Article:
Origins of the Christmas Tree
The use of greenery and lights at Christmas goes back to the celebration of the Kalends of January in ancient Rome. Kalends was a celebration of the Roman New Year when people gave each other gifts of green boughs, honey treats, lamps for light and warmth, and silver and gold objects (The latter probably being the most popular.) They also trimmed trees with trinkets and toys during Saturnalia, and put candles on them to indicate the sun’s return to earth.
The Druids honoured Odin by tying golden apples and other offerings to tree branches, and set lighted candles on them.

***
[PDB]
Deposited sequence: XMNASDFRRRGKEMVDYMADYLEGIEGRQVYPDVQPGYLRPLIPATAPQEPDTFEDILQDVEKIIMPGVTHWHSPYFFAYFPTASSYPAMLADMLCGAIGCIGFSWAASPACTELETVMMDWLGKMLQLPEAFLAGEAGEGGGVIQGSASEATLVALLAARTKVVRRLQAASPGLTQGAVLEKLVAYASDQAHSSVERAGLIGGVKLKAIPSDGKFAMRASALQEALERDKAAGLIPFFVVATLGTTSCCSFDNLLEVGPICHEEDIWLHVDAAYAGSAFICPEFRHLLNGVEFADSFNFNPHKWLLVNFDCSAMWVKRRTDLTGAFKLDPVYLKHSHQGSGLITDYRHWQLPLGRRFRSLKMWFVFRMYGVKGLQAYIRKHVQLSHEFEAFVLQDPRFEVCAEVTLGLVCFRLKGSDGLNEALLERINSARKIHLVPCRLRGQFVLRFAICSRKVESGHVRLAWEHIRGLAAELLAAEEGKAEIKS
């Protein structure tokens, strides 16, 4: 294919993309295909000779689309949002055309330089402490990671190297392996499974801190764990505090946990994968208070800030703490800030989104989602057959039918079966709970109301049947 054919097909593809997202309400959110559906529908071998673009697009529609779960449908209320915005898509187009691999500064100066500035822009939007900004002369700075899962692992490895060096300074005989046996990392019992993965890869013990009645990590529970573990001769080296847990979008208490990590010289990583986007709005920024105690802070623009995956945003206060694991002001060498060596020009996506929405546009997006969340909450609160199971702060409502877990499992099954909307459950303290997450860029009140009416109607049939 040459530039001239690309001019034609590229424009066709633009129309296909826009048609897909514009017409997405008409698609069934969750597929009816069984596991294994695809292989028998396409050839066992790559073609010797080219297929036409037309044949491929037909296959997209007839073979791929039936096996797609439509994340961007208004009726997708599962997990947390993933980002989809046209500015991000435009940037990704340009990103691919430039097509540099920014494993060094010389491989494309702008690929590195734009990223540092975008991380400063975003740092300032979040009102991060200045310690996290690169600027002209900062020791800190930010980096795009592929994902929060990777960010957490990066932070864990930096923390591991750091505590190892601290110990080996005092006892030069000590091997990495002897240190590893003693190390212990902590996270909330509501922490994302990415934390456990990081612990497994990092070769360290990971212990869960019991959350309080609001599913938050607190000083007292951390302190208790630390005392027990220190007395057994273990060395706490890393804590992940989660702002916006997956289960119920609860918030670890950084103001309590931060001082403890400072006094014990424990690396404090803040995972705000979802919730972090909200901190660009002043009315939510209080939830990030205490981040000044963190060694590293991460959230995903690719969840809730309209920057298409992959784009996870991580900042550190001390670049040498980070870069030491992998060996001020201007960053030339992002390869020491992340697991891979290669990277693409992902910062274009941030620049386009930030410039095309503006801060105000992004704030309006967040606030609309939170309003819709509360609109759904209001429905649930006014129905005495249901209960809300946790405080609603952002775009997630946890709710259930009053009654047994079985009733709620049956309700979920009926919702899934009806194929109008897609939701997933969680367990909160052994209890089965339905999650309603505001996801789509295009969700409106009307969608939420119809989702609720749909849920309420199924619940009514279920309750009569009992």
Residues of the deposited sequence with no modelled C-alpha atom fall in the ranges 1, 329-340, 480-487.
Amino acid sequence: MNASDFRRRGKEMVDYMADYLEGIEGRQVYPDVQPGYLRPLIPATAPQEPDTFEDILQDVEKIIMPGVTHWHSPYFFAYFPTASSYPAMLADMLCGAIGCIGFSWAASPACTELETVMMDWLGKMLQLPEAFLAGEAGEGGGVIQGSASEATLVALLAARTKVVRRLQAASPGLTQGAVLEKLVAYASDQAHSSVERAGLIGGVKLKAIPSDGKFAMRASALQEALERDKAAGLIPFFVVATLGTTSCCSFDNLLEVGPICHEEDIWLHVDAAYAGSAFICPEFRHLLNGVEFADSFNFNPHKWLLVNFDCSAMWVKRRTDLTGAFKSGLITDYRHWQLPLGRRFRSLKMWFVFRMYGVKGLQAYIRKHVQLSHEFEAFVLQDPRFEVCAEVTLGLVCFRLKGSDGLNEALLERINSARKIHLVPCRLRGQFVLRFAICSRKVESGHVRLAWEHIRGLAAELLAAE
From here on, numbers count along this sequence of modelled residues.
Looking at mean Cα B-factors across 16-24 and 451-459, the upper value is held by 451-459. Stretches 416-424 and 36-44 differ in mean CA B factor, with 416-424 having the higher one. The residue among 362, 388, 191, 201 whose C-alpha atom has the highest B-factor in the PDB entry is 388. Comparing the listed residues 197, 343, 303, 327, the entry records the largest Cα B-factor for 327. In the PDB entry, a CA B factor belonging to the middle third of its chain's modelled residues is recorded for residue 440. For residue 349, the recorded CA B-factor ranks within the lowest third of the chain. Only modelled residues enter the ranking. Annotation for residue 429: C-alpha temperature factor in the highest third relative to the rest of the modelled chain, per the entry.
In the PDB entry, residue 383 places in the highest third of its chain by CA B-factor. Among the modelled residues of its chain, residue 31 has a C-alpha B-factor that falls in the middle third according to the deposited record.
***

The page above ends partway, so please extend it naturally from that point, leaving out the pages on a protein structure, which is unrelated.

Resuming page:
Christians used candles symbolizing Christ as the Light of the World, seemingly a combination of Roman and Hebrew customs, while people in the Middle Ages put lighted candles in their windows on Christmas Eve to guide the Christ child on his way. No stranger was turned away, because it could have been Christ in disguise.
Glass balls are the traditional choice for decorations to be hung from a Christmas tree. Hollow glass spheres were believed to have the ability to keep ill fortune away, and hundreds of years ago used to be hung in windows to ward off evil spirits which were thought to be banished by the ball’s reflective beauty. According to some, the candy cane “J” shaped treat can be traced back to the birth of Christ. The shepherd’s staff, it is said, was the inspiration for the candy cane.
Whatever the reasons for our beautiful Christmas trees, Christmas just wouldn’t
be the same without them.